The bus ride’s presentation of the epic Marsyangdi Valley did its best to bring me back to health, as did the haphazard traffic rules and a thorough update on the missed goss’ from home. Finally, we had landed at Besisahar and sat for geological ages on a sweltering and drastically cramped oversized “jeep” awaiting the one extra passenger who would make the driver’s trip to Bhulbule worthwhile. When the crowded jeep finally did depart we all wished it hadn’t as it jangled our concertinaed legs towards total uselessness. But the views and hospitality of the lodge at Bhulbule, overlooking the Marsyangdi River and underlooking the eight kilometre high Manaslu Range, dissolved the painful memories of the journey there.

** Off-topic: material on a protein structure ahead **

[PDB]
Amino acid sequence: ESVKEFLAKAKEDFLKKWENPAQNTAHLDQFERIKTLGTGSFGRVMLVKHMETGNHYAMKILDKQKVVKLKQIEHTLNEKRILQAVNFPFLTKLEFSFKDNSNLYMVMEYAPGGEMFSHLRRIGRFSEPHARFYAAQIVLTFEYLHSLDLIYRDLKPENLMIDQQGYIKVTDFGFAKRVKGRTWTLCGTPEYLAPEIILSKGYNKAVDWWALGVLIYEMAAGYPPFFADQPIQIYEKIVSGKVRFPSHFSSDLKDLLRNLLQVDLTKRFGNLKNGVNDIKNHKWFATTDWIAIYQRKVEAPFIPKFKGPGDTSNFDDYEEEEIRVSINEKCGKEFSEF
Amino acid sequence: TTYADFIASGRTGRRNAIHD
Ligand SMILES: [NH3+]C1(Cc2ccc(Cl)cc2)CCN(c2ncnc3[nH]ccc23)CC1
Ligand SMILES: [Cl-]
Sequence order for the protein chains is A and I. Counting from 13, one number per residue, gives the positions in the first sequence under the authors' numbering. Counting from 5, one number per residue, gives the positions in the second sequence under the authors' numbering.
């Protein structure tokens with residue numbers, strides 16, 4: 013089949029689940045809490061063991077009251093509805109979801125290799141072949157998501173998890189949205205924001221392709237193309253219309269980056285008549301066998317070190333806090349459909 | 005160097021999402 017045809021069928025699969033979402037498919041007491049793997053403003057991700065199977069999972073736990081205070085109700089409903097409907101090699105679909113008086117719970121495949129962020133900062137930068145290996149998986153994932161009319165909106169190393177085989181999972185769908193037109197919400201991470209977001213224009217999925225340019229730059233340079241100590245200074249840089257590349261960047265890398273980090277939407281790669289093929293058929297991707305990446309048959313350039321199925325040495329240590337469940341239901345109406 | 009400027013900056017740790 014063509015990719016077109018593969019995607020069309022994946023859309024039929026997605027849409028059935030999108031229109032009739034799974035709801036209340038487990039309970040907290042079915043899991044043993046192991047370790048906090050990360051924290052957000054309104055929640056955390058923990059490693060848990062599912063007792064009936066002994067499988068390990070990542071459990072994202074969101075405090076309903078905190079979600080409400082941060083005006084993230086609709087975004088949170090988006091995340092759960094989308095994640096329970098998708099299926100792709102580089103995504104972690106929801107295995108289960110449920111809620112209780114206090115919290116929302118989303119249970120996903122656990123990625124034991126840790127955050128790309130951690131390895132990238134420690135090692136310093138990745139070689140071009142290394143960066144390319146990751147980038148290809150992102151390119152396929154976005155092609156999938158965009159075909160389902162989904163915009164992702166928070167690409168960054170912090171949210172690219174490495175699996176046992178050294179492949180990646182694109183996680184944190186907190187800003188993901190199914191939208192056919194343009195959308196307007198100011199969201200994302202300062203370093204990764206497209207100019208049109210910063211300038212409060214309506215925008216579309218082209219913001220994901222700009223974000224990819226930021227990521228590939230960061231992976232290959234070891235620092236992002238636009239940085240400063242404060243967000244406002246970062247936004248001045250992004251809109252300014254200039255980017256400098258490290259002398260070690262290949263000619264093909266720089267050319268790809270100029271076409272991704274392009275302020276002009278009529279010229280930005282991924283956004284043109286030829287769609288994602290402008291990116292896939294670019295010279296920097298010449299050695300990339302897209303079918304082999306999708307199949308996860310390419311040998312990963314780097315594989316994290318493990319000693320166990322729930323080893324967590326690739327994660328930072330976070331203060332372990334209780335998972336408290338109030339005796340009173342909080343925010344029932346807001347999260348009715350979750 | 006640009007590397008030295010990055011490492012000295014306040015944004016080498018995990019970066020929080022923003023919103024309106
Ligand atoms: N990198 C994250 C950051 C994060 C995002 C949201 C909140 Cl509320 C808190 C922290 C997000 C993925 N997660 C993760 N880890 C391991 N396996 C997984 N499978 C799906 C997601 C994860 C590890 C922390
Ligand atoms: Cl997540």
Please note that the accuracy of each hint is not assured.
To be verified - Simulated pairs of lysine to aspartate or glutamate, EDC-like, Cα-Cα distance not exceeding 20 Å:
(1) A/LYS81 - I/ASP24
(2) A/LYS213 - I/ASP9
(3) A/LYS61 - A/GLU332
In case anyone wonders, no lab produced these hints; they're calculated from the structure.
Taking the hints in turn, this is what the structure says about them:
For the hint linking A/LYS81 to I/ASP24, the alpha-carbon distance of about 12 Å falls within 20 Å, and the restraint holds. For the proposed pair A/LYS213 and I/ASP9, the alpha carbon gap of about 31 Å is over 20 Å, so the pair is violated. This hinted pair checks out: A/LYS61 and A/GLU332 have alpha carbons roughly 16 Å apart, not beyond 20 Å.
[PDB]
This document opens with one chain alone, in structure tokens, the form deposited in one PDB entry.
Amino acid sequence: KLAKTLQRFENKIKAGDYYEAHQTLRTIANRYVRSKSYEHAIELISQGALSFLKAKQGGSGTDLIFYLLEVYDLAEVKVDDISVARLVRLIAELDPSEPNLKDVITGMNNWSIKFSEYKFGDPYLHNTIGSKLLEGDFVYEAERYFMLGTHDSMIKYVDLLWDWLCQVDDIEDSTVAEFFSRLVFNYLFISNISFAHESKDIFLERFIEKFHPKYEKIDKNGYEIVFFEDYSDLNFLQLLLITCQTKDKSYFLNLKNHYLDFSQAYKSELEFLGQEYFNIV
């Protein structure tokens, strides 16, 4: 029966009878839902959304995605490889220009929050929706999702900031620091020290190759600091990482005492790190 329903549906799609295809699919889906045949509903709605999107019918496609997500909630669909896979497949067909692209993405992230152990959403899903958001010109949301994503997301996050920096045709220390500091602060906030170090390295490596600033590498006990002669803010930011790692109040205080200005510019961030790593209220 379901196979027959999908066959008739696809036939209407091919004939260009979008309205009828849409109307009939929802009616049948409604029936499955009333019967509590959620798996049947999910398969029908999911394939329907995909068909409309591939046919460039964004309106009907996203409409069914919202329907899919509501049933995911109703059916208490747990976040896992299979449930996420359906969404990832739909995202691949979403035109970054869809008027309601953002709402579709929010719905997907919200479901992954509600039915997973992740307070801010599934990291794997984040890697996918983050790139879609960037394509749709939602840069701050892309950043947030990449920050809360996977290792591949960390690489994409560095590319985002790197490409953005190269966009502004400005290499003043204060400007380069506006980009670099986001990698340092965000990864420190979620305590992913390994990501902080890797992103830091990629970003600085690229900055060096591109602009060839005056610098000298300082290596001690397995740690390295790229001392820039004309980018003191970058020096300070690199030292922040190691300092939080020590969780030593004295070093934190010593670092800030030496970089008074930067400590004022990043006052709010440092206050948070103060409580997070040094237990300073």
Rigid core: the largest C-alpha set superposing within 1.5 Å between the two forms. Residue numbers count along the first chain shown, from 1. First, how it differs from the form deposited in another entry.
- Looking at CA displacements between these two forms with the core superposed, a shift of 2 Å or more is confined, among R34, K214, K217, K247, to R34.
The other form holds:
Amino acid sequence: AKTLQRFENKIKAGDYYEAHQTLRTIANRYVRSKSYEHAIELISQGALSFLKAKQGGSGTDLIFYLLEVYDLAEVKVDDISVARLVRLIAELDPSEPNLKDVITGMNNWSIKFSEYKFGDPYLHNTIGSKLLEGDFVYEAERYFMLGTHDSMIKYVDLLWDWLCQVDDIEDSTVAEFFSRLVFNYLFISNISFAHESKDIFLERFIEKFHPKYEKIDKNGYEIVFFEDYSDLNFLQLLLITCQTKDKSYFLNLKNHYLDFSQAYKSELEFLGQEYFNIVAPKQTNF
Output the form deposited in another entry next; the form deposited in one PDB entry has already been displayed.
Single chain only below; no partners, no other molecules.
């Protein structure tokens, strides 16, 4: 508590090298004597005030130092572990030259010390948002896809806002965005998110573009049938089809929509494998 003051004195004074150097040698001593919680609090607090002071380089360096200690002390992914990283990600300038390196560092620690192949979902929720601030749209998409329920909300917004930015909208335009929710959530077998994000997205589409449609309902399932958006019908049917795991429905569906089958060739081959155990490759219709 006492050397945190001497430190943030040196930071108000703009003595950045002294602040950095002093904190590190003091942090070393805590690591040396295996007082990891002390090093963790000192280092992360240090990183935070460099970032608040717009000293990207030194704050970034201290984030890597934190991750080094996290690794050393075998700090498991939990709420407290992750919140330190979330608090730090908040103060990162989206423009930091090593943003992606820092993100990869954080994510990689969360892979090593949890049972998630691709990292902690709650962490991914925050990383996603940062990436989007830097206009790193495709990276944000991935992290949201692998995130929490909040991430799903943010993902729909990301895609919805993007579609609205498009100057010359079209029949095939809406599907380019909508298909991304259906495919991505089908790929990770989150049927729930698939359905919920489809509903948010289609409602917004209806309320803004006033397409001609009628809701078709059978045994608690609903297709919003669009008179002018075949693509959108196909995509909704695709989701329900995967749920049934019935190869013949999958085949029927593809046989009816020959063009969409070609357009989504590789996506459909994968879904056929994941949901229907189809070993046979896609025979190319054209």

And the next morning we were off! The participants:
The stoical unstoppable Rhonda;
The avuncular Tim with his knowledge historical;
Rob - doyen of bushwalking Southwest Tasmania;
Sandy, faithful father, fit beneath his years; and
I, Felix, who came up the idea in the first place.
This marked the beginning of for some of us three weeks of almost continual trekking. On that day I dealt the group a bad portent when I misstepped while appreciating the disappearing cloud cover and thus fine views of mountain-hemmed villages and fell several metres off a cliff. Miraculously I landed onto an adjoining path upright and completely unharmed, pumping with adrenaline, despite having to support and balance an eighteen kilo pack. I used to criticise Tim’s sure-footedness: he’s so tall the electrical impulses take too long to get from his brain to his feet, lacking the advantage of a second brain in his hips like a brachiosaurus. But this trek has proved my critique outdated (has his lower spinal ganglion inflated?).